I'll give you an example. I recently had a patient who was admitted to my unit around midnight on a night shift with a diagnosis of pnuemonia and pancreatits. If you think about all those nursing diagnosis you learned in school, then I'm sure you understand that inadequate oxygen exchange, pain control, and fluid and electrolyte imbalance (secondary to vomiting) were the priorities when developing a care plan for this particular patient. So, I got report from the ambulance crew, and, after I insured the patient was well oxygenated via nasal cannula, I brought the bedside computer (or WOW) into the patient's room and completed the admission. I drew and sent his labs, reviewed the doctor's orders, checking specifically for pain medications and antibiotics, prepared for him to be sent for various scans and tests, and, after verifying his name and date of birth via ID band administered the appropriate medications. The patient had come to the unit via the health system owned ambulance company from a subsidiary hospital. The ID band that he had on was from that hospital, unfortunately, in all the hustle and bustle of his admission, I forgot to apply a new ID band. OK, not good. I admit my mistake. The ID band he had on looked identical to the ones that were specific to the hospital where I was working, because it was the same health system, but it didn't have the correct institution written on it. Upon discovering this, the day shift nurse alerted, I think, every possible disciplinary figure she could think of and, subsequently I had to answer to my nurse manager who described this as "a very serious issue". The upside, however, to my meeting with the nurse manager was that she emphasized the importance of bedside hand off in order to review anything that has been missed by the previous shift.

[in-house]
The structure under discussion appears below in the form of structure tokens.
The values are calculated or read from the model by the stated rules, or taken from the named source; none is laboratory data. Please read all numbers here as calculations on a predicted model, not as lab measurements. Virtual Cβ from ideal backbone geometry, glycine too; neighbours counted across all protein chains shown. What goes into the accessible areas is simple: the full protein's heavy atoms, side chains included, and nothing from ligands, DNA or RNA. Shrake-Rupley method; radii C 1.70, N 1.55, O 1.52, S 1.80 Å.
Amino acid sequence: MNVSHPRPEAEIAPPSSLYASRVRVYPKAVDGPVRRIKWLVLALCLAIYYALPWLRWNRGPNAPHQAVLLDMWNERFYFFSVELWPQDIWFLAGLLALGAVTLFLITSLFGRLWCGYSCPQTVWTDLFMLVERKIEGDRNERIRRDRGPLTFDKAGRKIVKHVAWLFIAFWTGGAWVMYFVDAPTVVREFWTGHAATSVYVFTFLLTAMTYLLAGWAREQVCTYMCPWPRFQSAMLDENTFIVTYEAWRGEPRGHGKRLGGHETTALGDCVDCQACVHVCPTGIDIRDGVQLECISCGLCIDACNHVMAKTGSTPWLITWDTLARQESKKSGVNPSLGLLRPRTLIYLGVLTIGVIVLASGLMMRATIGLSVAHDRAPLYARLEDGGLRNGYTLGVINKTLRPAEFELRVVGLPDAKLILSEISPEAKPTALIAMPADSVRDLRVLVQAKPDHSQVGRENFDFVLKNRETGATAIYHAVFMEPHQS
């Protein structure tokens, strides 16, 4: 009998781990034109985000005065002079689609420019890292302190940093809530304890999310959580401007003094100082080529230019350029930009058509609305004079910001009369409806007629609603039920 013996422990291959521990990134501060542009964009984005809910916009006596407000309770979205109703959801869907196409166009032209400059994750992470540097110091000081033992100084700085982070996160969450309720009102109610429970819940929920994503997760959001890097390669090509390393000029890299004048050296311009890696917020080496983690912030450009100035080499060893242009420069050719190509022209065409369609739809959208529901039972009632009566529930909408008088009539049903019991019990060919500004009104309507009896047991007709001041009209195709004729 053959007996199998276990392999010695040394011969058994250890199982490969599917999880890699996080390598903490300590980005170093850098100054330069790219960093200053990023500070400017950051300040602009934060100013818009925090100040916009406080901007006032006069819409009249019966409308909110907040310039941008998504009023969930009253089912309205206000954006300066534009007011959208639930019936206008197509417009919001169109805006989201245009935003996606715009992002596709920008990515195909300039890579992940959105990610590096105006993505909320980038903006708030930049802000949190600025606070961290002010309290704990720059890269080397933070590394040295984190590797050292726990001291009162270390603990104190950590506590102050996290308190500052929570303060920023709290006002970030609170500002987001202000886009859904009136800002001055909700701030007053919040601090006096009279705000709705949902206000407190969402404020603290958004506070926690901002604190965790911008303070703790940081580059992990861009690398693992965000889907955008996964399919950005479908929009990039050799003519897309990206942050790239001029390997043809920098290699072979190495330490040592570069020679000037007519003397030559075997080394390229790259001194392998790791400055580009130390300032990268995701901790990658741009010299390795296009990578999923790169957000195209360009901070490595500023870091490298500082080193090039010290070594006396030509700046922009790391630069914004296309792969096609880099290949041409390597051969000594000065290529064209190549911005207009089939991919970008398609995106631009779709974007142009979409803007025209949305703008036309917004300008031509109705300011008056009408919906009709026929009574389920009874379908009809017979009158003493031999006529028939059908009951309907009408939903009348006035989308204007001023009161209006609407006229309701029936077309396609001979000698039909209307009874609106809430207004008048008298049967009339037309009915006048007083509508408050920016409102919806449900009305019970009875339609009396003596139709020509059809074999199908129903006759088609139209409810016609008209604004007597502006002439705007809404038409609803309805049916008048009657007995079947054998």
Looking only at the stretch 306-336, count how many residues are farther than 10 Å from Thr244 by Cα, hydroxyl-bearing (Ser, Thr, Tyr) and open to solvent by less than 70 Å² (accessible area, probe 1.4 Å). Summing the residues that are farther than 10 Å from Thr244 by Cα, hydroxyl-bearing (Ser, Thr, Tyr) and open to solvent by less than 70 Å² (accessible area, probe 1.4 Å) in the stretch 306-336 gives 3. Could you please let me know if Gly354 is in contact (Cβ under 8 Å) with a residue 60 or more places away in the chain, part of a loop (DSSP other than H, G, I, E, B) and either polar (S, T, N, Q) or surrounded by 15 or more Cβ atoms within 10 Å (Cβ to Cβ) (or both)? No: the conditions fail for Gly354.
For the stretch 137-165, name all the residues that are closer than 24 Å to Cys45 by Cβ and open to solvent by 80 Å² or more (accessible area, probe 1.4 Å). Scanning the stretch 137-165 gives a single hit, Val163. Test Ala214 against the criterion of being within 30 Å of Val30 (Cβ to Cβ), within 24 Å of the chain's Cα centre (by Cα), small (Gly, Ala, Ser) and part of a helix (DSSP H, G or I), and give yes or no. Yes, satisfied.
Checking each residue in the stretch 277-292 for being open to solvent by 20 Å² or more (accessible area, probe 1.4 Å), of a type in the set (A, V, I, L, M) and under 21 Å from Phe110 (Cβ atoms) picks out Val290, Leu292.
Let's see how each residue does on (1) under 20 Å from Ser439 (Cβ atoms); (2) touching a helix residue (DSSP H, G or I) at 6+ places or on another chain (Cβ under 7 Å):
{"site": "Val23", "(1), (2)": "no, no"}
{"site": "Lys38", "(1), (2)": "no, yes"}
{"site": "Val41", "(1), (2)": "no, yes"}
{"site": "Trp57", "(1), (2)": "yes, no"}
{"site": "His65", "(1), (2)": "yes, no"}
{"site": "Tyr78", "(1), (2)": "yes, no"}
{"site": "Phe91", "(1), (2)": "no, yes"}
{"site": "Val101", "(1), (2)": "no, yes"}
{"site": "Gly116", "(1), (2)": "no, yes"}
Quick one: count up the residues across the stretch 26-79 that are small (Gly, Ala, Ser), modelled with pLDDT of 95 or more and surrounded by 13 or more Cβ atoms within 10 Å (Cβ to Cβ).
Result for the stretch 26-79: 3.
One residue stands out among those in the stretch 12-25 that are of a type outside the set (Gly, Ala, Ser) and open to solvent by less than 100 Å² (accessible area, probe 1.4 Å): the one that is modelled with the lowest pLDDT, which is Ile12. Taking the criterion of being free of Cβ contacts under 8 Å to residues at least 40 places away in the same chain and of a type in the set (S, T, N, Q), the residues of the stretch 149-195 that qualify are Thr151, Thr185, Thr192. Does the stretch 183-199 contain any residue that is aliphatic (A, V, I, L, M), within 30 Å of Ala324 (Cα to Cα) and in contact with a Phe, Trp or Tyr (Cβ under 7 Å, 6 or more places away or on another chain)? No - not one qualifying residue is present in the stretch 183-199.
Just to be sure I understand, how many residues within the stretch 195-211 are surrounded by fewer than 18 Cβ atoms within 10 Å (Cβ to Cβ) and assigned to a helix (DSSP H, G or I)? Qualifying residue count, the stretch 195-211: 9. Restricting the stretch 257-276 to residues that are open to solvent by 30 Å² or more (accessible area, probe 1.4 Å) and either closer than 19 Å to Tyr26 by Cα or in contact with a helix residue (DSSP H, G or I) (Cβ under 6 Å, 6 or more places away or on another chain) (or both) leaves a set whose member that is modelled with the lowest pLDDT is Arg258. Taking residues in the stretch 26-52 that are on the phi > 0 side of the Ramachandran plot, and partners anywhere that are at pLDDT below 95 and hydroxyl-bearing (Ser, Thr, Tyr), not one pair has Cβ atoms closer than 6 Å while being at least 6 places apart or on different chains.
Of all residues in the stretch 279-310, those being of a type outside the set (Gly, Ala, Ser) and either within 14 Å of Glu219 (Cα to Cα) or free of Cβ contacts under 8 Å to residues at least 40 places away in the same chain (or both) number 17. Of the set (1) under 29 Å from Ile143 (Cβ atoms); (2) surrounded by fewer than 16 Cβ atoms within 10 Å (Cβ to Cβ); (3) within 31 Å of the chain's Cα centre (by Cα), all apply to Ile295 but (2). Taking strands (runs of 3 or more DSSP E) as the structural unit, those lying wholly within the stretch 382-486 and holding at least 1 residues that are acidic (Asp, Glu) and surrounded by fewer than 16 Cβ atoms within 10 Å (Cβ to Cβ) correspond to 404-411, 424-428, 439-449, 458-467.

I firmly believe in bedside report, although, many times I get a lot of resistance because I think that the other nurse feels as though I'm looking for things to bring to the attention of management, but honestly, I'm thinking of the patient and providing a smooth continuum of care. I can tell you that in the course of my 11 yr career, I have only "written up" two people and that was when patient safety had been seriously threatened or compromised. This goes back to my statement of what I think the most important aspects of nursing practice are in that I cannot prioritize the disciplinary action of another nurse over delivering patient care unless their actions are serious enough to merit this and/or are further unresolved by simply speaking to that person.